- To examine patterns of anti-social behavior in serious offenders after court involvement in order to obtain a better understanding of how adolescents reduce their offending behavior over time.
- Data used in this analysis/article draws from a larger study called the “Pathways to Desistance” in which 1,354 serious offenders are interviewed over a seven year period.
- Analyses for the current study used 1,119 male adolescents who had been adjudicated of a serious offense (e.g. includes all felony offenses, as well as misdemeanor weapon offenses and misdemeanor sexual assaults).
- Participants ranged between 14 and 18 years old, with an average age of 16. The sample was ethnically diverse: 19.6% white, 41.1% African American, 34.7 % Hispanic. Data was collected in two cities: Philadelphia, PA and Phoenix, AZ.
- Participants for the current analyses were interviewed twice a year for up to three years. Interviews consisted of a number of measures to assess self-reported offending, mood/anxiety and substance use problems, attitudes toward the legal system, psychosocial maturity, parenting, peers, as well as prior arrest history. Several demographic characteristics were also collected in addition to an assessment of neighborhood disadvantage.
- Researchers clustered participants into five different groups based on their offending patterns. They highlighted in particular those participants who persisted in offending and those who desisted from offending.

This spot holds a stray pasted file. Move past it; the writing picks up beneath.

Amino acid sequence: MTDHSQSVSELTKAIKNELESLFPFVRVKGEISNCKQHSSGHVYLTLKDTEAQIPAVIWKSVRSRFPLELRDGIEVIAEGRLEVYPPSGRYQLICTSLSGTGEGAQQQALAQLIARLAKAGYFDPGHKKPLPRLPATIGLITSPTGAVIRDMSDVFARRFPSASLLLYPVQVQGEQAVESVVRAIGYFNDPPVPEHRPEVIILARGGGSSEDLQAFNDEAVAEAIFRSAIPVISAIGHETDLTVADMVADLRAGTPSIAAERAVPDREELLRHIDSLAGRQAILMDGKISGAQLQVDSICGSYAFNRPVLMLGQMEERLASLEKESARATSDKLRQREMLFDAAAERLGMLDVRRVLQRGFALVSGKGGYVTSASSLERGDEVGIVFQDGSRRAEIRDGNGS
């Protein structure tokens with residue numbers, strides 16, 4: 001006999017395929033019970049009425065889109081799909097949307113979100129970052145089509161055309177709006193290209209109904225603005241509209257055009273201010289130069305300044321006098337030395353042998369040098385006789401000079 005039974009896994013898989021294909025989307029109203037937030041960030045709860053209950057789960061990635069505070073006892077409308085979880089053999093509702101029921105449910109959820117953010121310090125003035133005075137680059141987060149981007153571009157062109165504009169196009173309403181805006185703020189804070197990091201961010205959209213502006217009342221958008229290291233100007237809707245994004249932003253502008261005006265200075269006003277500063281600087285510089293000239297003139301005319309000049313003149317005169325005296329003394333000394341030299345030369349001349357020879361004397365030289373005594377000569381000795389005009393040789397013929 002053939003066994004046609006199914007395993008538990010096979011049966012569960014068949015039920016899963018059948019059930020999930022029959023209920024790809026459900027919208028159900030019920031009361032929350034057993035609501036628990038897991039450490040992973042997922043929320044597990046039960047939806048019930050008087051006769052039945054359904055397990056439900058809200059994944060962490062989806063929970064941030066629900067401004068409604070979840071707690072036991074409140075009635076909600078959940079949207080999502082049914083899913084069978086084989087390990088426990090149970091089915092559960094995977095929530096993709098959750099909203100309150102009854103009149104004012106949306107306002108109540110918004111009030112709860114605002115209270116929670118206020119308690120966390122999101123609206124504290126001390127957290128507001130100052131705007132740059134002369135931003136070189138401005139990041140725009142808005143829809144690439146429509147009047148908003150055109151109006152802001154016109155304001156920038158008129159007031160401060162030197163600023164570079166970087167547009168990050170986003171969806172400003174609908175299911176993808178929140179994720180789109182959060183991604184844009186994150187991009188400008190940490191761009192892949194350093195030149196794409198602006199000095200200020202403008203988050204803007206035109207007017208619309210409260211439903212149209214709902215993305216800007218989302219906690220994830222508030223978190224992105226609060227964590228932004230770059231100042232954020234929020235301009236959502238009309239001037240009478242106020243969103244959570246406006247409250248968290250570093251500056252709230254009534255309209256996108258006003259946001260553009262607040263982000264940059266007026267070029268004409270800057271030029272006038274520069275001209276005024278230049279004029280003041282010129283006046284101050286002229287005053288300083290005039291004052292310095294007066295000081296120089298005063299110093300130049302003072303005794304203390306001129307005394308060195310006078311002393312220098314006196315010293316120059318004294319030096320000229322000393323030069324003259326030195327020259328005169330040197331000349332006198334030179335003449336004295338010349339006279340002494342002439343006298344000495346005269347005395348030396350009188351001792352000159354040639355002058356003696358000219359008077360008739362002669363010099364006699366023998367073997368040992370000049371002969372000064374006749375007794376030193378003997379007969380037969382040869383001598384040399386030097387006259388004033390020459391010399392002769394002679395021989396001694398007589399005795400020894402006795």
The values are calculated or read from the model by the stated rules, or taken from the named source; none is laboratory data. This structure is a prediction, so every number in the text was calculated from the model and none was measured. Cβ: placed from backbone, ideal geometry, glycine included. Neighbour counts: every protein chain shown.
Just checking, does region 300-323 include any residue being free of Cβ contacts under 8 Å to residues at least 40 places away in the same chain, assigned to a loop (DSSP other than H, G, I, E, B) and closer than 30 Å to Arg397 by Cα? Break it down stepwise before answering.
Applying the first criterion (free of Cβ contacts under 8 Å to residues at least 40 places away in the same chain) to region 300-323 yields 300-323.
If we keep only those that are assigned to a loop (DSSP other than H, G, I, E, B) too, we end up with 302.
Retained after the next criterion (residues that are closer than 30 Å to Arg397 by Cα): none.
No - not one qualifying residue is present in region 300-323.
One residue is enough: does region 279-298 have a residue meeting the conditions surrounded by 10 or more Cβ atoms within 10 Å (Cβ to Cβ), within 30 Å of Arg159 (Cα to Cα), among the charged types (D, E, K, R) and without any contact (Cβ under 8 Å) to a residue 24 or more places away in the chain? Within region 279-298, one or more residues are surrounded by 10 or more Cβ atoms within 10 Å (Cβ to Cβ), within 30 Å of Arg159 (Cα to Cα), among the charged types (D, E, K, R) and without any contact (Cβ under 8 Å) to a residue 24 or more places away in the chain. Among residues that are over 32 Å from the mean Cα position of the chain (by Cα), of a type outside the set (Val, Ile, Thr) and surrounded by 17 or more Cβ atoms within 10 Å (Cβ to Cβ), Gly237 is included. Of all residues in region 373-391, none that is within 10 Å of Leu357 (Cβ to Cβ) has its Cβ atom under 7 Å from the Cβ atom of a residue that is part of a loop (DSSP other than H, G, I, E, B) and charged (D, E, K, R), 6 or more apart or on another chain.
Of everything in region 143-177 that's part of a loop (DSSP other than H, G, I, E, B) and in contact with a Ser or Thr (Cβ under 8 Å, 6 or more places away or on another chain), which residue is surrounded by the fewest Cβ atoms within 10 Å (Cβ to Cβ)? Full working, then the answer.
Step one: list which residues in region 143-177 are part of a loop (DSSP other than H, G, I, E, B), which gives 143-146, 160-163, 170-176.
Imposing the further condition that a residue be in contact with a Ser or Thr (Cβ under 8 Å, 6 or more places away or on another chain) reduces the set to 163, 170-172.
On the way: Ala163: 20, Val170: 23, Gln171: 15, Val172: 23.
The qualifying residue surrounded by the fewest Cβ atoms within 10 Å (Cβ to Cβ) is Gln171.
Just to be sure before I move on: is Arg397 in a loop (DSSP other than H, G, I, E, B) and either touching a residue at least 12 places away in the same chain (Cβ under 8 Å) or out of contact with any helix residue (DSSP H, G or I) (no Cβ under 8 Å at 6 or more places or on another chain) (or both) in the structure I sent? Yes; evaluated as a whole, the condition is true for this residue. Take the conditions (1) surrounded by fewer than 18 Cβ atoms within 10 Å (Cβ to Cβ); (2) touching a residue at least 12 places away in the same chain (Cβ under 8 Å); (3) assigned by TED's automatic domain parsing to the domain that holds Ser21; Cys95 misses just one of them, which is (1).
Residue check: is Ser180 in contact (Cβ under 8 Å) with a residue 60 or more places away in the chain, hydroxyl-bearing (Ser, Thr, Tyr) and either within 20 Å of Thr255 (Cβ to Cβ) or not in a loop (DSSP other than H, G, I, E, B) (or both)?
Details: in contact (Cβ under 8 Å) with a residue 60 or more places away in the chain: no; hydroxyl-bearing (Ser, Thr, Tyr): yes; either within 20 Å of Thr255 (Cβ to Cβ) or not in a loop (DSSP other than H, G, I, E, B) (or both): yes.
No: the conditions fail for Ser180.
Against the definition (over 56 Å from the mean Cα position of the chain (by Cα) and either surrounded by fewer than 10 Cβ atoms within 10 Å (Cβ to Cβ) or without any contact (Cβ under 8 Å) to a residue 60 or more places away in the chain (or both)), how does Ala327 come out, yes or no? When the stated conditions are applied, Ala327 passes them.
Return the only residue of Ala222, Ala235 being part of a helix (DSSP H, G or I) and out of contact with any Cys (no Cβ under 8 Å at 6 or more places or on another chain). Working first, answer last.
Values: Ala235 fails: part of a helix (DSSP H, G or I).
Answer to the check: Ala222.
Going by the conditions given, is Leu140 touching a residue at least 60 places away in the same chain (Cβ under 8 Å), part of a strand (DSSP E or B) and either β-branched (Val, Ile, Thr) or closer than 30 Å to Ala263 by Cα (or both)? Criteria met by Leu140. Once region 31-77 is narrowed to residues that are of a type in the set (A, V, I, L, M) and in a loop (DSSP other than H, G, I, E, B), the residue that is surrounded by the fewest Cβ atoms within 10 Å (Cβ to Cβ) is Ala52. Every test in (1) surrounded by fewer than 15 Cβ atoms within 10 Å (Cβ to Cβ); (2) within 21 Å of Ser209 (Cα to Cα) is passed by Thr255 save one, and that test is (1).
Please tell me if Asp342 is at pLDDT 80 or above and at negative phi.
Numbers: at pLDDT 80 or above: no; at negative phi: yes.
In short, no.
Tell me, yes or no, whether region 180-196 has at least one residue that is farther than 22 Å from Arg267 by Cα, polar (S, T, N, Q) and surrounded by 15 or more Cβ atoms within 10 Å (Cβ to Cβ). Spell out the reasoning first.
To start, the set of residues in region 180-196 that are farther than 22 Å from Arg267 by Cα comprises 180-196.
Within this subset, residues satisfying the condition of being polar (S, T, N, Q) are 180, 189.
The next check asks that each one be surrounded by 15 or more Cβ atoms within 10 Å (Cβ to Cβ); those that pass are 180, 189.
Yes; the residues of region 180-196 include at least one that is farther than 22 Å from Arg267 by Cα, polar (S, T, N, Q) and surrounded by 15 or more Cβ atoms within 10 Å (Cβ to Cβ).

- Two years after being adjudicated for a serious offense, a majority of youth (73.8%) reduced their offending to low or zero involvement in offending behavior.
- For those youth who self-reported the lowest level of offending, placement in an institution raised their level of self-reported offending after release from institutional placement.
- The authors conclude that the majority of serious offenders are not necessarily “bad actors” destined for adult criminal activity. Most serious offenders demonstrate low or zero involvement in criminal activity years after court involvement. As a result, this is an important point to raise when highlighting the amenability of a youth to treatment at disposition or in transfer proceedings.
- For youth who have been adjudicated for a serious offense, but demonstrate overall low levels of offending, incarceration or placement in residential treatment facilities has the potential to increase recidivism. As a result, community based alternatives may be a far better rehabilitative option than incarceration or institutional placement, particularly for youth with low levels of overall offending.